The highly touted freshman has lived up to every expectation in the Blue Devils' three wins this season. He's wasted no time assimilating into Duke's up-tempo, high-powered offense, and he's wasted no time producing gaudy statistics alongside Duke's veteran duo of Kyle Singler and Nolan Smith. Irving has averaged 14.3 points, 6.7 assists and 4 rebounds (and only one turnover) per game, taking impressive command of the veteran Blue Devils during the team's early-season blitz. Monday night is Irving's formal introduction to a prime-time national audience, and it will be fun to watch him under the bright lights.

Jimmy Butler, Marquette: No player epitomizes Marquette's flexible style quite like Butler, an inside-outside threat with the ability to score from the perimeter and slash to the rim. Marquette lost its key scoring threat and interior presence with the graduation of Lazar Hayward to the NBA ranks this past offseason, and Butler's ability to replace Hayward's productivity -- especially given Marquette's personnel, which is heavy on tweener types and light on true forwards and centers -- will be key to the Golden Eagles' chances of surviving (and thriving) in the muddled Big East this season. Butler also likely will draw much of the responsibility for guarding Singler, and he has to provide lockdown defense if Marquette expects to stay within striking distance of Coach K's well-oiled squad Monday night.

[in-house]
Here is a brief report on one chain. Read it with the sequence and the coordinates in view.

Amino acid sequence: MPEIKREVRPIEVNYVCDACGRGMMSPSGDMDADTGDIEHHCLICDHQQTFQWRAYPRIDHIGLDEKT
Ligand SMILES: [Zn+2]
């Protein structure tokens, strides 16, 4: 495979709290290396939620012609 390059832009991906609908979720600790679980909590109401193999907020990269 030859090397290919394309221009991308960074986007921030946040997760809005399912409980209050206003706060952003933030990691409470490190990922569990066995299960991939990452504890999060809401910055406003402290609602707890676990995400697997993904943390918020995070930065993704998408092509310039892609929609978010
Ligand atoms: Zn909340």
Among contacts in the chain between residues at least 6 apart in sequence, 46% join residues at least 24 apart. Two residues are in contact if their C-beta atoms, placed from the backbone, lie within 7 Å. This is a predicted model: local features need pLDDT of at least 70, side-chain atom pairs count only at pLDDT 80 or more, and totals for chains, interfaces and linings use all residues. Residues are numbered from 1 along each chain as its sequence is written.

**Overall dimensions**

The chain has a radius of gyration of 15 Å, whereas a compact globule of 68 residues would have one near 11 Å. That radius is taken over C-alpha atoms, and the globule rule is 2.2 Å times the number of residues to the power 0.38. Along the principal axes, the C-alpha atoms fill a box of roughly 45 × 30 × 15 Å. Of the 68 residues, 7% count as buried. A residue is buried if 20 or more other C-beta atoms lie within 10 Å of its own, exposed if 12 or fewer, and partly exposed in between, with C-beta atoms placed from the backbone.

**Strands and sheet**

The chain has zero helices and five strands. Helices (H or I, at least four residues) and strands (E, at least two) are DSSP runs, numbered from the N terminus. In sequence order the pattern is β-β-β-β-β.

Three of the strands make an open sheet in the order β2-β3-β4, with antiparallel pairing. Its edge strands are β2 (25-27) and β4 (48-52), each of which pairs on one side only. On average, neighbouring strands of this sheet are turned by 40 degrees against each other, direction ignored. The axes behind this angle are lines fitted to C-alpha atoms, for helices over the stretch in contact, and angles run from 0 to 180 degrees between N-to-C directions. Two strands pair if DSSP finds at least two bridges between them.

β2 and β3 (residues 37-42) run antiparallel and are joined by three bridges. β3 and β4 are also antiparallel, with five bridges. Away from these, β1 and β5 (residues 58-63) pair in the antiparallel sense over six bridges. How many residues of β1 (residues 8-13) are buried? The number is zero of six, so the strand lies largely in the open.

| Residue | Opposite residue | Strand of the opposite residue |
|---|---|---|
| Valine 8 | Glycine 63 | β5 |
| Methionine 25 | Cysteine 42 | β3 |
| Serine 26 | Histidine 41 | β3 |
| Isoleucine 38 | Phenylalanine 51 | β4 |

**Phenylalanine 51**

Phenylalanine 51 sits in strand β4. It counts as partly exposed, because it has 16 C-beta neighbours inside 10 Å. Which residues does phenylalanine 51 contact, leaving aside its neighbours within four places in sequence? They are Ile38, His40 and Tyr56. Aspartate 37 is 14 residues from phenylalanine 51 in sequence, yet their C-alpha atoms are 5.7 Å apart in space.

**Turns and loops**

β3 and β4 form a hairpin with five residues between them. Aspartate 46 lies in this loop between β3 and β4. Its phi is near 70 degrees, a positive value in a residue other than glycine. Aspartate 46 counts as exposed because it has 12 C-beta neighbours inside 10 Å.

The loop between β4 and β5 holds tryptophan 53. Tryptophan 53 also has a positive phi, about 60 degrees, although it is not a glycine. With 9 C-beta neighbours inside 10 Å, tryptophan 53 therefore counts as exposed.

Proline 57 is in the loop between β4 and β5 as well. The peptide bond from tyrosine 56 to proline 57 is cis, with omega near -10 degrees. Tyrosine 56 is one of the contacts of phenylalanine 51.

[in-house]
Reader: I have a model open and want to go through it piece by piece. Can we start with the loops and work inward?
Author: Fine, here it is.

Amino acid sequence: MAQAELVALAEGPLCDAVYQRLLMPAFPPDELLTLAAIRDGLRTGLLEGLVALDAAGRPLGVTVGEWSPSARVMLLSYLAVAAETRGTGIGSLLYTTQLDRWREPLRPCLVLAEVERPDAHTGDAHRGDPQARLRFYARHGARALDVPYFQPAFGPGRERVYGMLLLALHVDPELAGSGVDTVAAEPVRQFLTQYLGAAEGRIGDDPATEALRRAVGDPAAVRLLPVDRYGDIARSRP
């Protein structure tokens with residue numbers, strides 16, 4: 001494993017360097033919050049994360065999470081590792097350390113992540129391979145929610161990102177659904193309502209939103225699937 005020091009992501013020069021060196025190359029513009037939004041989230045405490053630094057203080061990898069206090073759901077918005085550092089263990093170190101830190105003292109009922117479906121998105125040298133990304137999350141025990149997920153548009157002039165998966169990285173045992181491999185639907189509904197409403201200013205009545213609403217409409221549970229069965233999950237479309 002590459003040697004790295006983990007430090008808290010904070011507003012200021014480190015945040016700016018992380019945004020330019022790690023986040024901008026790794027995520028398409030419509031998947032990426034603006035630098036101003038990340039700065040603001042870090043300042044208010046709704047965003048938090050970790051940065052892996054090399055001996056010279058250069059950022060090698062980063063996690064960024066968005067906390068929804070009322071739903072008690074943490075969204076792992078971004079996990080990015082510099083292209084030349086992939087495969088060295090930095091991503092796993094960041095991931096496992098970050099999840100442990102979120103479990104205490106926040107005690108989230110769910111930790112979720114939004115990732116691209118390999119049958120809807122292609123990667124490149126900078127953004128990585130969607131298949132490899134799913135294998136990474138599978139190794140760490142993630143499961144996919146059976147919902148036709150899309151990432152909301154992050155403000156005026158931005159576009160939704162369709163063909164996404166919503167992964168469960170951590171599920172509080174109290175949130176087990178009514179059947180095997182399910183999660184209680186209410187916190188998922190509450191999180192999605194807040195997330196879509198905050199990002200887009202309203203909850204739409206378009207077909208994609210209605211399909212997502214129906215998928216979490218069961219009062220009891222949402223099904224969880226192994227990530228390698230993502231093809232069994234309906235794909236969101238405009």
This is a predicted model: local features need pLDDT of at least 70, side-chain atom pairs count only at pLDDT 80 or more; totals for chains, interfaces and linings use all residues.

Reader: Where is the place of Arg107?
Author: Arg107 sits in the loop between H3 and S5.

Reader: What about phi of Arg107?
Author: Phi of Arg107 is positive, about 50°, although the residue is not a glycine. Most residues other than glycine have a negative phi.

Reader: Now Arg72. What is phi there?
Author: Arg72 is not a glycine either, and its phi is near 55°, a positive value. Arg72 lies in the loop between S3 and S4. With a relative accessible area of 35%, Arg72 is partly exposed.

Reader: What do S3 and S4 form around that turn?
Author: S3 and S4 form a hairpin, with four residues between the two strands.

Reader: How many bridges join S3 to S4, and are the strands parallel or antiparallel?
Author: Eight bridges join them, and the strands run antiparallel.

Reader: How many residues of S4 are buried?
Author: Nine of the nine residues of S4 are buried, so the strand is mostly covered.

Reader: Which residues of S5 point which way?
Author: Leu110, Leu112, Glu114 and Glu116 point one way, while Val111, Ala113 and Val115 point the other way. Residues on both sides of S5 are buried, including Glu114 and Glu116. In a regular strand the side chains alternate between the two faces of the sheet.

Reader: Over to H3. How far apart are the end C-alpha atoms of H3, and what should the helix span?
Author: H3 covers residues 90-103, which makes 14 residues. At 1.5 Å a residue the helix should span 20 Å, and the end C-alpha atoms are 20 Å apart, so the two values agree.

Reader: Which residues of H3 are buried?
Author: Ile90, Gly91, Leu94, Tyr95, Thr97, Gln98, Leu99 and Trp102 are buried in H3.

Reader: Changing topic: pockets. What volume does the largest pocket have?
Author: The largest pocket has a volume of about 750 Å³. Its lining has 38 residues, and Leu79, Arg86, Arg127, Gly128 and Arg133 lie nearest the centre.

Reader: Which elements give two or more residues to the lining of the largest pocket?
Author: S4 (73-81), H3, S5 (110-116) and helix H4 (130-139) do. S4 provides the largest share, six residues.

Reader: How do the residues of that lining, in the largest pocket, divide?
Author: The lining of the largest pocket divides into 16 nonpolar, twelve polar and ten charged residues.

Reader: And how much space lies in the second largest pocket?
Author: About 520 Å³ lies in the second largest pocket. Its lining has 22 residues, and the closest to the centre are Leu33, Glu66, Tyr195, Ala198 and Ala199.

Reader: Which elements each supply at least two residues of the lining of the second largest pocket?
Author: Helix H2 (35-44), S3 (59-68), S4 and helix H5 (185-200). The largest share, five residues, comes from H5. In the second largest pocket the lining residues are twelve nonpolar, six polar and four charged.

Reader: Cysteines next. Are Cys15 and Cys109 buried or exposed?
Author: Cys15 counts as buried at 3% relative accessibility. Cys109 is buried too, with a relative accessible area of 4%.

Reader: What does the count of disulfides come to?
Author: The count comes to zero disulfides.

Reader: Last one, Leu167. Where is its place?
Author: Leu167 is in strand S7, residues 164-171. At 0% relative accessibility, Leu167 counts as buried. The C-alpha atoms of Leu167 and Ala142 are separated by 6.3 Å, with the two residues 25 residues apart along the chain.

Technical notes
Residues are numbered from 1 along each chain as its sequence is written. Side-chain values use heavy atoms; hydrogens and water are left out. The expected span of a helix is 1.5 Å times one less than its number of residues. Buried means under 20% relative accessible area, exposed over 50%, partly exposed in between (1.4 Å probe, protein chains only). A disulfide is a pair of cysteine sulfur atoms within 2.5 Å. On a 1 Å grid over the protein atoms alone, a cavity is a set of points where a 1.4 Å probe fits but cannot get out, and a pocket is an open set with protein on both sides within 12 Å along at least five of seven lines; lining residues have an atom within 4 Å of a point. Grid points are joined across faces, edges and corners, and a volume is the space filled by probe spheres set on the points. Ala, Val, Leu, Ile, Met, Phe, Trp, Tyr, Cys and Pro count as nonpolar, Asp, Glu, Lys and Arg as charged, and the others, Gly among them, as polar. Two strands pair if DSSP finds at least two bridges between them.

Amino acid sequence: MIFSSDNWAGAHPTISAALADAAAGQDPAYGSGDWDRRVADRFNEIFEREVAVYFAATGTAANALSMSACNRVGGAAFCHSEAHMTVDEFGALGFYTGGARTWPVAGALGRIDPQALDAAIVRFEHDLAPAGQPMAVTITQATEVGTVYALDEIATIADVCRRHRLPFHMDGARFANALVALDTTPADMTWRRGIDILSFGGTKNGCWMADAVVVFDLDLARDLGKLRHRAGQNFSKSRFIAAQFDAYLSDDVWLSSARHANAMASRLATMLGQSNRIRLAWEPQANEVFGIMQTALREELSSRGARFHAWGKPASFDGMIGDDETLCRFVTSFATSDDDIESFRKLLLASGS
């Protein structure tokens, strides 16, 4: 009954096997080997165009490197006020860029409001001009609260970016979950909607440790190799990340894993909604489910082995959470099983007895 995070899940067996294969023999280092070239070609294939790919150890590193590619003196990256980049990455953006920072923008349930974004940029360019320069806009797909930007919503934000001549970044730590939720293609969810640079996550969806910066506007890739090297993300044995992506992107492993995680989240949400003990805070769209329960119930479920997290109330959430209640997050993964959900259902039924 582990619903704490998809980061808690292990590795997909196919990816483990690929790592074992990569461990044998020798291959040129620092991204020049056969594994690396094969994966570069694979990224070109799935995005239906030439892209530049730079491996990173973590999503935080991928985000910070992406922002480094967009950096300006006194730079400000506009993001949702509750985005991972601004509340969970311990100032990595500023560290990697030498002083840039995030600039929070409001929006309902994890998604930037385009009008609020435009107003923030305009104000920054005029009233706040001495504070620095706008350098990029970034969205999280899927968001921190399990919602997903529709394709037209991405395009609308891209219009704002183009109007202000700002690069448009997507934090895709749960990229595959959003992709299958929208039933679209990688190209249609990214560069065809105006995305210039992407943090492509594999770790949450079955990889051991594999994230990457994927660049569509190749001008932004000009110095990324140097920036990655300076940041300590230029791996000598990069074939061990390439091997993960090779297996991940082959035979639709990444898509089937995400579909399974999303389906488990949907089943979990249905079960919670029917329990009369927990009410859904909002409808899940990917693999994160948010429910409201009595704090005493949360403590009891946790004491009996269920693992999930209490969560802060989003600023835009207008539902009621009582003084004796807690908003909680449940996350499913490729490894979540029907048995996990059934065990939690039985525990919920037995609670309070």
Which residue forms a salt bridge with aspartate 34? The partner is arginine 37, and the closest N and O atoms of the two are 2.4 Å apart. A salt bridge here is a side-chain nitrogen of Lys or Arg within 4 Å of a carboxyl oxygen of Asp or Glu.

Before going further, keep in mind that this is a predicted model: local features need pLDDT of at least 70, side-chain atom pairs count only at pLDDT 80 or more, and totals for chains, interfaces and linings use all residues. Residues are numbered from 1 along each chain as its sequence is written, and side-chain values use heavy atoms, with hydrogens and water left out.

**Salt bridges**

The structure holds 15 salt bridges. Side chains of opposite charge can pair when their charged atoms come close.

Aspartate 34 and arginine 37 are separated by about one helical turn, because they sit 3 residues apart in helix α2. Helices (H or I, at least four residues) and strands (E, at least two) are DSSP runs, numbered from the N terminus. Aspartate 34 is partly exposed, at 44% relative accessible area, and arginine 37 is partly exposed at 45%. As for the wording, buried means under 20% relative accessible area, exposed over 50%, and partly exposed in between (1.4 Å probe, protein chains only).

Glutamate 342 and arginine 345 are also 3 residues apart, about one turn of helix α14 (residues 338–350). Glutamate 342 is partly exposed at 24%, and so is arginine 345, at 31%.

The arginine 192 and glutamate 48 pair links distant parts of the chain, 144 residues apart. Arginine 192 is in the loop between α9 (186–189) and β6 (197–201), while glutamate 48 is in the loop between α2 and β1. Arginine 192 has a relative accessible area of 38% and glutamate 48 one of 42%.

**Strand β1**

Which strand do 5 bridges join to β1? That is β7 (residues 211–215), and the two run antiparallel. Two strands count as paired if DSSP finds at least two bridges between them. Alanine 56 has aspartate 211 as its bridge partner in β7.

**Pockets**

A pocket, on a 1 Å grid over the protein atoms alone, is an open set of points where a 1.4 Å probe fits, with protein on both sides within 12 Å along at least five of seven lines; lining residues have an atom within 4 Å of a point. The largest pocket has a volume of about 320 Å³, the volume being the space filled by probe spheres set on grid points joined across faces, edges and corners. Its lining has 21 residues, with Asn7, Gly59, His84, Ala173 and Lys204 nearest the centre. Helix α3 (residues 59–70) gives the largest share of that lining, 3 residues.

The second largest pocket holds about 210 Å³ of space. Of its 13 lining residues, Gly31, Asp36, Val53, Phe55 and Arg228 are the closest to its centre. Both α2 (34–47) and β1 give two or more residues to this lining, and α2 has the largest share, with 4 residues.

Mason and Miles Plumlee, Duke: You have to feel for the brothers Plumlee. After all, not only do we group them together and call them the brothers Plumlee -- as though they're not two separate, autonomous humans -- but any time anyone raises the "But what are their weaknesses?" question about Duke, the Plumlee boys are the first names checked off the list. That has to be annoying. Annoying or not, though, it isn't an unfair question: Duke senior forwards Brian Zoubek and Lance Thomas were irreplaceable keys to the Devils' title run last season mostly thanks to their ability (especially Zoubek's) to preserve Duke possessions with offensive rebounds. Whether the Plumlees can replace that skill -- a simple task in theory and an incredibly difficult one in practice -- is the biggest remaining question about the best team in college basketball. Monday night would be a good time to start answering it.